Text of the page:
A majority of states now authorize the use of either medical or recreational marijuana, but it seems like CBD or cannabidiol is garnering as much attention as the stuff that actually causes the munchies. What is all the buzz about?
As a primer, CBD is derived from the marijuana plant and is one of hundreds of cannabis compounds. THC (tetrahydrocannabinol) is the more famous probably because it is psychoactive; CBD is not, as long as it contains less than 0.3% THC. CBD products come in many forms, including an oil that can be consumed orally or rubbed on the skin, gum drops and other edibles, capsules, and liquid vaping cartridges. CBD is not yet thoroughly vetted for use by the medical community, but some assert that it is helpful in relieving pain, inflammation, nausea, anxiety, depression, and many other ailments. The FDA recently approved a pharmaceutically manufactured version of CBD called Epidolex, which is for use to treat rare forms of epilepsy.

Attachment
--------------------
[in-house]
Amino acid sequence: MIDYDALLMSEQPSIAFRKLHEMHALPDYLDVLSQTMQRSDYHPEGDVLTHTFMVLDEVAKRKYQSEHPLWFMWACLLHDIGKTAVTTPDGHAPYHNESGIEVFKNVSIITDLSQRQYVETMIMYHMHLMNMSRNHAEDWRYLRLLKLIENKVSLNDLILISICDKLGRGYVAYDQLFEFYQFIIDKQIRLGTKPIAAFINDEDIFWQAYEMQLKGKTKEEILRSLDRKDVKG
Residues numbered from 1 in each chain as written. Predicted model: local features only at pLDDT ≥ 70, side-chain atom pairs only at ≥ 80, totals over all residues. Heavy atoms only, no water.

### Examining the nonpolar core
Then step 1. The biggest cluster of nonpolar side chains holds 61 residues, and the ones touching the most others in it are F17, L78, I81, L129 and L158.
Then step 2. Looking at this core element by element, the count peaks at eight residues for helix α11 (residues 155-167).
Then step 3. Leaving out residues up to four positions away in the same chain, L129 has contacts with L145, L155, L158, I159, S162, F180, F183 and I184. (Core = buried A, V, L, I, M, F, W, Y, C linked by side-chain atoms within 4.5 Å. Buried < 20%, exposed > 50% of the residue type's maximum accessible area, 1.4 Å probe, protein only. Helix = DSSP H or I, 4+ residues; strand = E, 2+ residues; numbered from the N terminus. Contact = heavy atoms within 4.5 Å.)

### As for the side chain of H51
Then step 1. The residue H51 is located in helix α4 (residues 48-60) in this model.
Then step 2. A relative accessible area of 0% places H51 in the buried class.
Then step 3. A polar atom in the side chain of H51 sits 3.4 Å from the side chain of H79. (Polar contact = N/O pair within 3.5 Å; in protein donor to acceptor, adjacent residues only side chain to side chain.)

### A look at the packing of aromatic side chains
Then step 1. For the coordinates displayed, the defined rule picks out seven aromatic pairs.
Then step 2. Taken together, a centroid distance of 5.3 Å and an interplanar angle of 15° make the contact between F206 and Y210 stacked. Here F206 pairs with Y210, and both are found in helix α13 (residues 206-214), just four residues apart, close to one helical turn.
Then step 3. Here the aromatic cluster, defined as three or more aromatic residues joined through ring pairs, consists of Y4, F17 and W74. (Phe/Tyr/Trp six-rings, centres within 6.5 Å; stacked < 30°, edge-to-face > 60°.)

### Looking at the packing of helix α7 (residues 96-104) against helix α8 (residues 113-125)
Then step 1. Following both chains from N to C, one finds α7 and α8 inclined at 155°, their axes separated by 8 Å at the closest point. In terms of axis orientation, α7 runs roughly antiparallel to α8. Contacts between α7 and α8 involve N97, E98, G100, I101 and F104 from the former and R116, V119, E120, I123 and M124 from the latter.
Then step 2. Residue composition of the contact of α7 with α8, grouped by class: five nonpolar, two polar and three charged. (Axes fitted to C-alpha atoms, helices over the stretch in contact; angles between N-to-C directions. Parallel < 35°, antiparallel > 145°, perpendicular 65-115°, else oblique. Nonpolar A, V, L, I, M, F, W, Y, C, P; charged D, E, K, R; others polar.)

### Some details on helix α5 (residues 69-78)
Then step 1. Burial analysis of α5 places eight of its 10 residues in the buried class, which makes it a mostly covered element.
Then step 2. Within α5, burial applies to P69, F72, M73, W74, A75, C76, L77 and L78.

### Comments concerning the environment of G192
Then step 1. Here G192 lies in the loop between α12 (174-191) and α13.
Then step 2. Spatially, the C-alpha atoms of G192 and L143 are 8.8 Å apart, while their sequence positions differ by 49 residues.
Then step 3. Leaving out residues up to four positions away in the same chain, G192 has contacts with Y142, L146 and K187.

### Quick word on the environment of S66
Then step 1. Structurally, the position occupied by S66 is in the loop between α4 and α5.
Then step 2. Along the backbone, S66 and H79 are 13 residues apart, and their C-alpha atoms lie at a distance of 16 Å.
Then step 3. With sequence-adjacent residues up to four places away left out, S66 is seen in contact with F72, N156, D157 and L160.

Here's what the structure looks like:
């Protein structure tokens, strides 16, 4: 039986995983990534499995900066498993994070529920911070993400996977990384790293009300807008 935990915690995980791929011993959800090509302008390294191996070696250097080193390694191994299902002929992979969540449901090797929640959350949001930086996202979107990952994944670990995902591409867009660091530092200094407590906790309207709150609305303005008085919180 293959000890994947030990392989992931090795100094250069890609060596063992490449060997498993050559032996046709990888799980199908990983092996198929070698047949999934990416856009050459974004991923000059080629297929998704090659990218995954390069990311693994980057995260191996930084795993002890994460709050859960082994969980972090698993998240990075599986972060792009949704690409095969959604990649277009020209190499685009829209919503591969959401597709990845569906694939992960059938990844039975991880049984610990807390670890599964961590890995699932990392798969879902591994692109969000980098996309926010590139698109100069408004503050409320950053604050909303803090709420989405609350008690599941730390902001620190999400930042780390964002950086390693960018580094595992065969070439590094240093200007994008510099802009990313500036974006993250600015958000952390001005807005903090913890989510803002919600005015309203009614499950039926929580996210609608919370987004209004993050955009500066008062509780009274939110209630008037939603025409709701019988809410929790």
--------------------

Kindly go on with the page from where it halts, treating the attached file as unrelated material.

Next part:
What is the challenge for schools and other employers when a student or employee requests to use or consume a CBD product and report to work or campus? Because CBD is a cannabis compound (and thus THC-adjacent) and is also not regulated, it is impossible to tell if any given edible or dropper of oil contains more than the permitted trace amount of THC. Thus, though unlikely, consumption of CBD could trigger a positive drug test, putting an employer in the difficult spot of responding to an employee who insists that they are just using CBD oil to aid with sleep. Depending on the employee's job description and whether the employer is a school, tolerance for a positive test could be quite low, putting continued employment in jeopardy.
For schools, even in states where recreational marijuana is legal or personal use...